London South CCP Lionel Idan writes for the Evening Standard
The Crown Prosecution Service's first black male Chief Crown Prosecutor writes about growing up in Ghana and hate crime for London's Evening Standard.
Hate crime affects all of society. It is a crime that is based on hostility because of a person’s race, nationality, religion, sexual orientation, transgender identity or disability. Just last month, my prosecutors successfully prosecuted a defendant who sent a banana to a fellow customer at a Wetherspoons pub for a ‘joke’. This left the victim feeling shocked, angry, fearful and anxious. Often, many victims feel that there is no point in reporting such incidents as nothing will be done about it. I am grateful to the victim for reporting and supporting this prosecution. His case will hopefully give other victims the confidence to come forward, in the knowledge that their complaints will be treated seriously.
Since the outbreak of the pandemic, incidents of hate crime have sadly continued to occur. In August it was reported that police chiefs had warned that the far right were using coronavirus as an excuse to attack east and south-east Asians as new figures show hate crime against them is rising.
My prosecutors and I stand ready to tackle hate crime in London. We continue to look objectively at the evidence in each case and robustly prosecute offenders whenever our legal tests are met. We also continue to apply to the courts for an increase in sentences in all appropriate hate crime cases.
As the first black male Chief Crown Prosecutor since the inception of the Crown Prosecution Service in 1986, I am immensely proud of this watershed moment in the journey of the CPS. I am however keen not to be perceived as some sort of poster boy for change, but rather, as someone who will bring about real change.
I am of mixed Ghanaian heritage and spent my early childhood growing up in a university in Ghana where my father lectured in art and literature. The concept of racism simply did not exist in the bubble that I grew up in. Looking ‘different’ was the norm as the post-colonial independence boom years had seen many families from different countries across the world returning to settle and help build the country.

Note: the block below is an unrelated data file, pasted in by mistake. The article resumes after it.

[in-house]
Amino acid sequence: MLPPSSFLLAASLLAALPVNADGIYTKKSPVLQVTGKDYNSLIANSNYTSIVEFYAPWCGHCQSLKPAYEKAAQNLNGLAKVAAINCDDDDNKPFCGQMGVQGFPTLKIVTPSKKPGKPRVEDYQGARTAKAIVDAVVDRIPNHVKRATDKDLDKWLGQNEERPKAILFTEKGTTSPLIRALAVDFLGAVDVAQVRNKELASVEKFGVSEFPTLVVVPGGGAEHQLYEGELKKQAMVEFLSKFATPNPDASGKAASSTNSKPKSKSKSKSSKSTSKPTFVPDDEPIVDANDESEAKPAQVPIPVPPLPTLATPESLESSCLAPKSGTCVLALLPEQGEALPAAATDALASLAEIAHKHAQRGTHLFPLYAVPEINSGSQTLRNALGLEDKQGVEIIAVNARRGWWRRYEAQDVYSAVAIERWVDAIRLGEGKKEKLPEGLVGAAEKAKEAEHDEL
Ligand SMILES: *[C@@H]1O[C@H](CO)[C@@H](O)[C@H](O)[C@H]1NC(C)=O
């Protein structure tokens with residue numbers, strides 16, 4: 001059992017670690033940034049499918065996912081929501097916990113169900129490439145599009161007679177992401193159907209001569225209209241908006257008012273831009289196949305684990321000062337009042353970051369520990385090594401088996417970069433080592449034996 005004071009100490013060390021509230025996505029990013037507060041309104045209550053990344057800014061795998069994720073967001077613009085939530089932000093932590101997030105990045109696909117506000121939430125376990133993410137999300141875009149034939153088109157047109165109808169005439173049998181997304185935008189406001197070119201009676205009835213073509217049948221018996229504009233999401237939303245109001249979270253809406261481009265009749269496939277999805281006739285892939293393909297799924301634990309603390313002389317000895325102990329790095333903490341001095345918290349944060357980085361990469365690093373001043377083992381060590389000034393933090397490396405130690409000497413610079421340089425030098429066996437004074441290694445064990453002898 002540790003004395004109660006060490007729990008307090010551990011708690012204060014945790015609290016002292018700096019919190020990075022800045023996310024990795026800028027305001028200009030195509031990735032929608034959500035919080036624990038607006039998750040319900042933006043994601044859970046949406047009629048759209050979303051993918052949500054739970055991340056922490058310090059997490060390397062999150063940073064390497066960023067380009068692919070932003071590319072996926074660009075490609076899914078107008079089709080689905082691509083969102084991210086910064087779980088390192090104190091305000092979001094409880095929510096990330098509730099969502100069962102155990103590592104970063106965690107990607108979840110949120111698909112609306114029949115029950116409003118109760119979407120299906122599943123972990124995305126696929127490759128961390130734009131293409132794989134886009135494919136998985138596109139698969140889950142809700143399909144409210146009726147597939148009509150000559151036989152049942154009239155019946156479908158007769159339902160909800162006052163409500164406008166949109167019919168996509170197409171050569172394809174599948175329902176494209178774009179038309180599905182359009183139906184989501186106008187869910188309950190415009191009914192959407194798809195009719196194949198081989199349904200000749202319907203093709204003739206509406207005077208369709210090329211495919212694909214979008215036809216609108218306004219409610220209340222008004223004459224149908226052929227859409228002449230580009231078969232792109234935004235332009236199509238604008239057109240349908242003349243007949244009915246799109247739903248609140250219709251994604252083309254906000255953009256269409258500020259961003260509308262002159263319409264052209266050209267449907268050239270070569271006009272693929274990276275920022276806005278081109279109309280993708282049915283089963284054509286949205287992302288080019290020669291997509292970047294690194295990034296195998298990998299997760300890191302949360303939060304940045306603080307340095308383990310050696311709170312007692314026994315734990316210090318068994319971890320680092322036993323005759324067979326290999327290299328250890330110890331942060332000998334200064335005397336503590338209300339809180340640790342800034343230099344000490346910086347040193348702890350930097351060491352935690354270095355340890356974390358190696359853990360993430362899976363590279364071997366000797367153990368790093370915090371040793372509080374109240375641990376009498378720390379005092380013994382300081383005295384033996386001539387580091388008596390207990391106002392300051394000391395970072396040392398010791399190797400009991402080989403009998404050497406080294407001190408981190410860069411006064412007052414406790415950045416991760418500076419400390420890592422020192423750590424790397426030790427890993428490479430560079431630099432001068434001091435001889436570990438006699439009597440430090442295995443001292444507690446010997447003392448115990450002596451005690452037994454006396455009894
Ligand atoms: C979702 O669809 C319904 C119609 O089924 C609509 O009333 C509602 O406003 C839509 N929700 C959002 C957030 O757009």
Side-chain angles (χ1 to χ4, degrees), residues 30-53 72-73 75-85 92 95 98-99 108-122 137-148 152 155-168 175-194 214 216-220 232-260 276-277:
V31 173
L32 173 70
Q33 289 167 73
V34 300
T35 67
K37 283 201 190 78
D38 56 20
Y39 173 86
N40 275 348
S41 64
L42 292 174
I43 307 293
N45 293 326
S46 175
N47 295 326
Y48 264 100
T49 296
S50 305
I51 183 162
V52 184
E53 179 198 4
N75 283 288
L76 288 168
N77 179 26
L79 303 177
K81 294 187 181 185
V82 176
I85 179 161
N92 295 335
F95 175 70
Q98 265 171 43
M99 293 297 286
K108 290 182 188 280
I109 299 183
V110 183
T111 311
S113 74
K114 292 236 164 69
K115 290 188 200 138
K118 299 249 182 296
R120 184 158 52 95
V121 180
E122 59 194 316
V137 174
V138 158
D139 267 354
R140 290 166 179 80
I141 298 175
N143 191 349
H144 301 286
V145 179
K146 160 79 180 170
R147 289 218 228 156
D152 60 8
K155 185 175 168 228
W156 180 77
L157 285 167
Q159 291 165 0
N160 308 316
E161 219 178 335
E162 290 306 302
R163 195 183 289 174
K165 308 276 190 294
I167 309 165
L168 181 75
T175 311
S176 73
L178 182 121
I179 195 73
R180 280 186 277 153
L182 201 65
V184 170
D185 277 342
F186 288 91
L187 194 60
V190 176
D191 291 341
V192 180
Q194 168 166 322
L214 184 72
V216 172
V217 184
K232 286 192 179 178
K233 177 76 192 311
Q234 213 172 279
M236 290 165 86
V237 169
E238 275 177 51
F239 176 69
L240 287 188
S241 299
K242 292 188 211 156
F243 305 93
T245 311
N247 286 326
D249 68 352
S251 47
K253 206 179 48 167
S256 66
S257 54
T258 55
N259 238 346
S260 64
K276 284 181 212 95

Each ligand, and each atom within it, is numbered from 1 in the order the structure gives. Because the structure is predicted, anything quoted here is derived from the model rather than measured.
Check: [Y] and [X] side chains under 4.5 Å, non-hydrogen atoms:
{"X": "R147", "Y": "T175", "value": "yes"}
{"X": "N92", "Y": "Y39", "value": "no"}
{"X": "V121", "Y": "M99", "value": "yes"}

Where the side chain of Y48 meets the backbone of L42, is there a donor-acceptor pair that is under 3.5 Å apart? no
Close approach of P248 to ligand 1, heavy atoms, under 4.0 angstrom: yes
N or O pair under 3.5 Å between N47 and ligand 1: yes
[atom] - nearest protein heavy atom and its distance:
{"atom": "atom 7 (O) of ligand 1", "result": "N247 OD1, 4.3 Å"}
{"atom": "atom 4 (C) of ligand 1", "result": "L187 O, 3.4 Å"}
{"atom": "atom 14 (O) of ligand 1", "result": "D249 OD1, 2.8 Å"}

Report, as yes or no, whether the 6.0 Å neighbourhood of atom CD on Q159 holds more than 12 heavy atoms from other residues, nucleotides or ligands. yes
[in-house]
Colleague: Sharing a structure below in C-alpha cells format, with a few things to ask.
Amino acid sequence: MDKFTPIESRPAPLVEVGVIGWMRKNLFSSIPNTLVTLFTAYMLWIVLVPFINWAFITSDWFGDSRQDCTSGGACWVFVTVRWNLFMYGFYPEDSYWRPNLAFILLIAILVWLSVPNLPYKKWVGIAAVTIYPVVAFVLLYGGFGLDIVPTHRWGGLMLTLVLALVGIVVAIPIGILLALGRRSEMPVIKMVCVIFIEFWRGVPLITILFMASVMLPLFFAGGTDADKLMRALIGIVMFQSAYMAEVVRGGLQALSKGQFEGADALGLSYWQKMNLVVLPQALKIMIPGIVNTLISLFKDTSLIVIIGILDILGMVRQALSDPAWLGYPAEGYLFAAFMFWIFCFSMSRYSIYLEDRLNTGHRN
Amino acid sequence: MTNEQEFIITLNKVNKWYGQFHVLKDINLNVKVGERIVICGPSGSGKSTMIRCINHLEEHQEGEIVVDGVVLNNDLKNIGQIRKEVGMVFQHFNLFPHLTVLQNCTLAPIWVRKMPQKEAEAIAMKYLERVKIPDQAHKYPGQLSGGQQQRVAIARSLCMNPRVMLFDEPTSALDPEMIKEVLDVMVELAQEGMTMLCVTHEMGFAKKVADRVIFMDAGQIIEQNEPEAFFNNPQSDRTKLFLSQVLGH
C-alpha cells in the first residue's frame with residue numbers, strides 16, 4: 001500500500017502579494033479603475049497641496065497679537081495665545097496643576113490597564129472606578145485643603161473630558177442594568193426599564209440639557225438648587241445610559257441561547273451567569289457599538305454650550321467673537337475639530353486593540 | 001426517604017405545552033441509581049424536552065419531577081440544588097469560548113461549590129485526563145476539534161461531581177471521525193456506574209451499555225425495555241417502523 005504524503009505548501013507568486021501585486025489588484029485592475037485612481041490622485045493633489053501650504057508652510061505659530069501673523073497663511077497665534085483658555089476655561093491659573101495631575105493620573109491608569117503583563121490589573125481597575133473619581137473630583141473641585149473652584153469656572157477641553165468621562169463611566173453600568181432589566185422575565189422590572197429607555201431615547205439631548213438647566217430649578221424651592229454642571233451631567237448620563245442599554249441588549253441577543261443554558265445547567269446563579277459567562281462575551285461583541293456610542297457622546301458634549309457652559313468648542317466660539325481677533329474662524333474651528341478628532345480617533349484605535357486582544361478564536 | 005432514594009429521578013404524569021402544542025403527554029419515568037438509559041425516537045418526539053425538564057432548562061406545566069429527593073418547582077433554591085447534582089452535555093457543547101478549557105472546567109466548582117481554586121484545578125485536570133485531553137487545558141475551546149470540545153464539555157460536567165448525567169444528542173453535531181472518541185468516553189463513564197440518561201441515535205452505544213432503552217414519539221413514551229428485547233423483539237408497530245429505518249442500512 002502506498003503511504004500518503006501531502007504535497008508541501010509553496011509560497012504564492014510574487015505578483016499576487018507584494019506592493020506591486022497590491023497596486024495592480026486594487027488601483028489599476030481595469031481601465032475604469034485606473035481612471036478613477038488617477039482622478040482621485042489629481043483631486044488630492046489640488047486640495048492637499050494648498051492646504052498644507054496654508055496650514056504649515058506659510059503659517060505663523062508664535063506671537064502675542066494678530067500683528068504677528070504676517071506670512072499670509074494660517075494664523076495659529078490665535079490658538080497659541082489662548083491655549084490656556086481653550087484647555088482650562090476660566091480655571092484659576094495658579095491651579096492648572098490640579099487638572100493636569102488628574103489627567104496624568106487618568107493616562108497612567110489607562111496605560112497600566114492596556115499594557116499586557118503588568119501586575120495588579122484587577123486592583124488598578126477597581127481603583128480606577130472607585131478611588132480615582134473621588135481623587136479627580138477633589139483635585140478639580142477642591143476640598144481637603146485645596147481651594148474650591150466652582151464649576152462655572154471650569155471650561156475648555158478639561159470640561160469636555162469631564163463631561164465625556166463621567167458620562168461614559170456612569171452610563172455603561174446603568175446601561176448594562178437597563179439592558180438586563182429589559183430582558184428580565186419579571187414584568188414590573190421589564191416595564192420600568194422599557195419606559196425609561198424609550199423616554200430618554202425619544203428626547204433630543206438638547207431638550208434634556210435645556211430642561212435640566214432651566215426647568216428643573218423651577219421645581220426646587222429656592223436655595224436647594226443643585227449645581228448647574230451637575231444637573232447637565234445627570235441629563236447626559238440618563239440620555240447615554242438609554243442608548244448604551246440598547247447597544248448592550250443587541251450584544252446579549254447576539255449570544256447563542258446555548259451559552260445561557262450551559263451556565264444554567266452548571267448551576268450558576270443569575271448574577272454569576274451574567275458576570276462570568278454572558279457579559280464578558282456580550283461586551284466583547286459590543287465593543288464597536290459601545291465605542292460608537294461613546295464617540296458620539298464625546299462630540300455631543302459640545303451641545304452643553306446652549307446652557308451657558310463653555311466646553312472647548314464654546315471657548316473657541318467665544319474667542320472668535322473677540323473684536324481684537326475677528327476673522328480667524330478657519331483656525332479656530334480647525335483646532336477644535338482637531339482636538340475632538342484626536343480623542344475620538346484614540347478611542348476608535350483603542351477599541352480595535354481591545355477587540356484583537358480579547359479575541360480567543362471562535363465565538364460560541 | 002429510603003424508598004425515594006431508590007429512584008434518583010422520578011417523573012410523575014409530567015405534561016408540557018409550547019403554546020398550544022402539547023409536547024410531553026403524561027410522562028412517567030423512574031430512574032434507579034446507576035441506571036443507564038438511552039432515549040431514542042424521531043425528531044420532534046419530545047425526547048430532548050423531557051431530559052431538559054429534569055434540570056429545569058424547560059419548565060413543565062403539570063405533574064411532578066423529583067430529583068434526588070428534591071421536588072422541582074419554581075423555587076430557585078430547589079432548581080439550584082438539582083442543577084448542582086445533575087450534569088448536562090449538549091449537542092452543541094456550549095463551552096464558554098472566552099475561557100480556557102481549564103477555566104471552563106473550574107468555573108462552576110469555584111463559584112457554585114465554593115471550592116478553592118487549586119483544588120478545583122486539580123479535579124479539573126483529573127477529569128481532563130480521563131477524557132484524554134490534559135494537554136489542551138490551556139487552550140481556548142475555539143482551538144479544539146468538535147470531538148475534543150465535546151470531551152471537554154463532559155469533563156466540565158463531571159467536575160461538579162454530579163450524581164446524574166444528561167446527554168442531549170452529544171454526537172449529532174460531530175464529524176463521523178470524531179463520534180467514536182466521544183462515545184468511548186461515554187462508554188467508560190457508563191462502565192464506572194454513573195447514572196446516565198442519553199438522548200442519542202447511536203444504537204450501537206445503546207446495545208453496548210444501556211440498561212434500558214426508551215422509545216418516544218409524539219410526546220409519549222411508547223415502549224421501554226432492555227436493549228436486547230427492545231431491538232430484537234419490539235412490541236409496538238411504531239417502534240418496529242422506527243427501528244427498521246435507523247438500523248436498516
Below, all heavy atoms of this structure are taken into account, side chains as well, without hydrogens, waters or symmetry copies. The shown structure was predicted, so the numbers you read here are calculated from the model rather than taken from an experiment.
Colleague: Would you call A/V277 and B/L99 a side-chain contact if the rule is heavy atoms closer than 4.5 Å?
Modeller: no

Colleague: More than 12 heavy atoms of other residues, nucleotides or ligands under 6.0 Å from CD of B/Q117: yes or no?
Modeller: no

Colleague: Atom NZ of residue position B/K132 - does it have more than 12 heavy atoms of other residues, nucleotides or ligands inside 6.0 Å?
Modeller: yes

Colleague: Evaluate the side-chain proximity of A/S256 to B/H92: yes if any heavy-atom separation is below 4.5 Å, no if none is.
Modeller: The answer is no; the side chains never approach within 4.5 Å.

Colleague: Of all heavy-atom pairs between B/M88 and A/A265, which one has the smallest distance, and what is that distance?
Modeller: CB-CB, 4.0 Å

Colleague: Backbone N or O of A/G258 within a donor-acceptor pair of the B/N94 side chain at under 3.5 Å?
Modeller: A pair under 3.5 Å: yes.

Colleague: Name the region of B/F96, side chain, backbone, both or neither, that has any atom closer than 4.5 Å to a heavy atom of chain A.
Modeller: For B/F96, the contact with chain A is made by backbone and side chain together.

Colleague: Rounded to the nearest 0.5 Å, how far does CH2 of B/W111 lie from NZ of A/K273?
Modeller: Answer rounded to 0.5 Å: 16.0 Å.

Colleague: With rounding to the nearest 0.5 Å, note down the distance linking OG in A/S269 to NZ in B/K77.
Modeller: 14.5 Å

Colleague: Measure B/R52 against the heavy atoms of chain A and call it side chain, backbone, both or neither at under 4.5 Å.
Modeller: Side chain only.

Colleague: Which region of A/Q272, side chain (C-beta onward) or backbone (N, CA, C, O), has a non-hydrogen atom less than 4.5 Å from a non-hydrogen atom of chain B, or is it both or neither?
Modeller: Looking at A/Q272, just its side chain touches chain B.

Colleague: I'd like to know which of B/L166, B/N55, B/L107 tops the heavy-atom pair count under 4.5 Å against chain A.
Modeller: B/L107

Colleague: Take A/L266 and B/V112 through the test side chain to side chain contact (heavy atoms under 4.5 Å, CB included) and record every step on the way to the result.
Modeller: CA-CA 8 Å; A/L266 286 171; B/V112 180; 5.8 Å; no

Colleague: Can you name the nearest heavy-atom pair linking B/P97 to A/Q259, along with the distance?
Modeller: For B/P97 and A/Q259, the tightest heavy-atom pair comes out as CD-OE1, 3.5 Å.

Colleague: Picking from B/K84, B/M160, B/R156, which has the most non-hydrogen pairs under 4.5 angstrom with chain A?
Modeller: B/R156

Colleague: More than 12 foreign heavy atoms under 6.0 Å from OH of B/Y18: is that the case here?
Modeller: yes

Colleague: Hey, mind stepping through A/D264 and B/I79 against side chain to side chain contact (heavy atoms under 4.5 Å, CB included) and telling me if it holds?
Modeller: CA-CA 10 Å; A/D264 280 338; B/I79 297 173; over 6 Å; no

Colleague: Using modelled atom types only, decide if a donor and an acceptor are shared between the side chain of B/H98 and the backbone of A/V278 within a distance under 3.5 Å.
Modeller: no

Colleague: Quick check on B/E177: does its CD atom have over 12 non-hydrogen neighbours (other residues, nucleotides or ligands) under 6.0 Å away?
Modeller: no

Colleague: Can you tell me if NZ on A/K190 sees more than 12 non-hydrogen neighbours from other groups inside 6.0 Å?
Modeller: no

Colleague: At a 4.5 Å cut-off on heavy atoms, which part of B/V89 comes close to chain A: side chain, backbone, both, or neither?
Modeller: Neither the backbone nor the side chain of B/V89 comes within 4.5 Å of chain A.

Towards the end of the 70s, we moved to England where, for the first time, I encountered racism and prejudice. Admittedly, my experiences have not been anywhere near those suffered by many victims, however, it was a real eye opener to discover that the way a person looked, could somehow be cause for prejudice or hatred.
I am acutely aware that the criminal justice system has much more to do, but I also believe we all have a part to play in making society a safer and better place for all. I therefore want all Londoners to know that I am listening and ready to work with you to achieve this.
My initial interest in law was actually borne out of my interest in art in that a chance visit to court to observe a sketch artist at work, left me hooked on the actual case and the barristers involved, rather than the sketches. I was called to the independent Bar in 1996 and subsequently, in October 2005, I left to join the CPS as a specialist domestic abuse and rape prosecutor.
My appointment as Chief Crown Prosecutor for London South still feels somewhat surreal as my original ambition when I joined the CPS, was simply to try and achieve justice for as many victims as I possibly could. The opportunity and responsibility that my role gives me to champion justice for victims on the scale of that of London, is both humbling and one that I absolutely relish.